What are your plans for creative practice this week? Given the specifics of your schedule, decide on a realistic intention or practice plan — and ink that time in your calendar. The scheduling part is important, because as you know, if you try to “fit it in” around the edges, it generally won’t happen. An intention as simple as “I will write for 20 minutes every morning after breakfast” or “I will sketch a new still life on Wednesday evening” is what it’s all about. If appropriate, use time estimates to containerize your task, which can make a daunting project feel more accessible.

Share your intentions or goals as a comment to this post. We use a broad brush in defining creativity, so don’t be shy. We also often include well-being practices that support creativity, such as exercise and journaling.

Share your intentions or goals as a comment to this post. Putting your intentions on “paper” helps you get clear on what you want to do — and sharing those intentions with this community leverages the motivation of an accountability group. Join us!

The image used in this week’s Monday Post is courtesy Betsy Gitelman. Thank you, Betsy!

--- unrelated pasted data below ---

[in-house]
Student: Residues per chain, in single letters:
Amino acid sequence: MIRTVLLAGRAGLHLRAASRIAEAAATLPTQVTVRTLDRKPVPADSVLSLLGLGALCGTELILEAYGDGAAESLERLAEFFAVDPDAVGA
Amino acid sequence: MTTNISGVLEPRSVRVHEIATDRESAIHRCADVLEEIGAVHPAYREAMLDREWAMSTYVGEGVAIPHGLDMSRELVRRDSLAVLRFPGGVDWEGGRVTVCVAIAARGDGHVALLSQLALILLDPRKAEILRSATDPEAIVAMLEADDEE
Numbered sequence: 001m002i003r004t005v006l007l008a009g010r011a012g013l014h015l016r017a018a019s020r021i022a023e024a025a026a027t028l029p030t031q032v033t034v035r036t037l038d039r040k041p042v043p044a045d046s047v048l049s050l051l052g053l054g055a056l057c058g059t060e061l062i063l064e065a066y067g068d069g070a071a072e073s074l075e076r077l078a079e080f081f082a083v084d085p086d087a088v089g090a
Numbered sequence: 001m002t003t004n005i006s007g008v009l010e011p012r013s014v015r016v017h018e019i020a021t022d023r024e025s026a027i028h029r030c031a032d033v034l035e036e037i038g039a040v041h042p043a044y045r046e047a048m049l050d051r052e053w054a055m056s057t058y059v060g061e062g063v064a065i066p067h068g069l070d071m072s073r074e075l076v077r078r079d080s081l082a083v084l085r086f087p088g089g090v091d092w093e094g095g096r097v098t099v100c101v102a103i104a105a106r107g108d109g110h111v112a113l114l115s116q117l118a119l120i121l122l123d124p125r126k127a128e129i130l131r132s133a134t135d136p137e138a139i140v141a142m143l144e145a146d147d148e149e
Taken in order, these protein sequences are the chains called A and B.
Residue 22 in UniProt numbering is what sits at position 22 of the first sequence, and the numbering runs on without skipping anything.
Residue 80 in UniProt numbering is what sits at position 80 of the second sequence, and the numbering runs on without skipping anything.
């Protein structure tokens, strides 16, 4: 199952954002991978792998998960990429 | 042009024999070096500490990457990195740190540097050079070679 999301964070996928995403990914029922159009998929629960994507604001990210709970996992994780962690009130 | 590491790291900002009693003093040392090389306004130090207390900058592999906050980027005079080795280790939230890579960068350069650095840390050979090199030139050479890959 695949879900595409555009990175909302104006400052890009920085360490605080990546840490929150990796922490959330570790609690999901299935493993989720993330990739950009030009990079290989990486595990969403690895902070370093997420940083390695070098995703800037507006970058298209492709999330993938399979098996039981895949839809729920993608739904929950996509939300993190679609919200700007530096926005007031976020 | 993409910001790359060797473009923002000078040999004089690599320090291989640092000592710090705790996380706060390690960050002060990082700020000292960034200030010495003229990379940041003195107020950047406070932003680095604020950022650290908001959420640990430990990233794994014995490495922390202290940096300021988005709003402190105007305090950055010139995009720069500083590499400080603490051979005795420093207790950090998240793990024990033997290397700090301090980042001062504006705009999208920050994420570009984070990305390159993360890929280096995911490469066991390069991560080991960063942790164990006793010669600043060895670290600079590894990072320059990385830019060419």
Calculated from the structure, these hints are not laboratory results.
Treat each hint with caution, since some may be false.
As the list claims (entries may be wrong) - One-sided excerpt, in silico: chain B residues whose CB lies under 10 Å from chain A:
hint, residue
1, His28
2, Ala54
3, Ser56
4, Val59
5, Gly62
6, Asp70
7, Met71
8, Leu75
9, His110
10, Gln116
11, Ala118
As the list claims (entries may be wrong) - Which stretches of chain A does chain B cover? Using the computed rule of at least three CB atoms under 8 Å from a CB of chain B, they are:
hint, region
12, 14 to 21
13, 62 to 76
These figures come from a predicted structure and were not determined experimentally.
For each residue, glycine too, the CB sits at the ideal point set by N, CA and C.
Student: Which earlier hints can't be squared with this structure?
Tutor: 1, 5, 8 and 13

If you would like to contribute a nature image for a future Monday Post, please send an e-mail to creativereality [at] live.com !

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If you’re an artist or writer with little ones, The Creative Mother’s Guide: Six Creative Practices for the Early Years is the essential survival guide written just for you. Concrete strategies for becoming more creative without adding stress and guilt. Filled with the wisdom of 13 insightful creative mothers; written by a certified creativity coach and mother of five. “Highly recommended.” ~Eric Maisel. 35 pages/$11.98. Available for download here.

Your Creative Intentions: The Monday Post ~ August 17, 2015

Marianne Williamson quote

A regular creative practice — a daily practice, if possible — is key to staying in touch with how you make meaning. Key to living, not postponing. (Let’s all agree to give up on “someday.”)

What are your plans for creative practice this week? Given the specifics of your schedule, decide on a realistic intention or practice plan — and ink that time in your calendar. The scheduling part is important, because as you know, if you try to “fit it in” around the edges, it generally won’t happen. An intention as simple as “I will write for 20 minutes every morning after breakfast” or “I will sketch a new still life on Wednesday evening” is what it’s all about. If appropriate, use time estimates to containerize your task, which can make a daunting project feel more accessible.

Share your intentions or goals as a comment to this post. We use a broad brush in defining creativity, so don’t be shy. We also often include well-being practices that support creativity, such as exercise and journaling.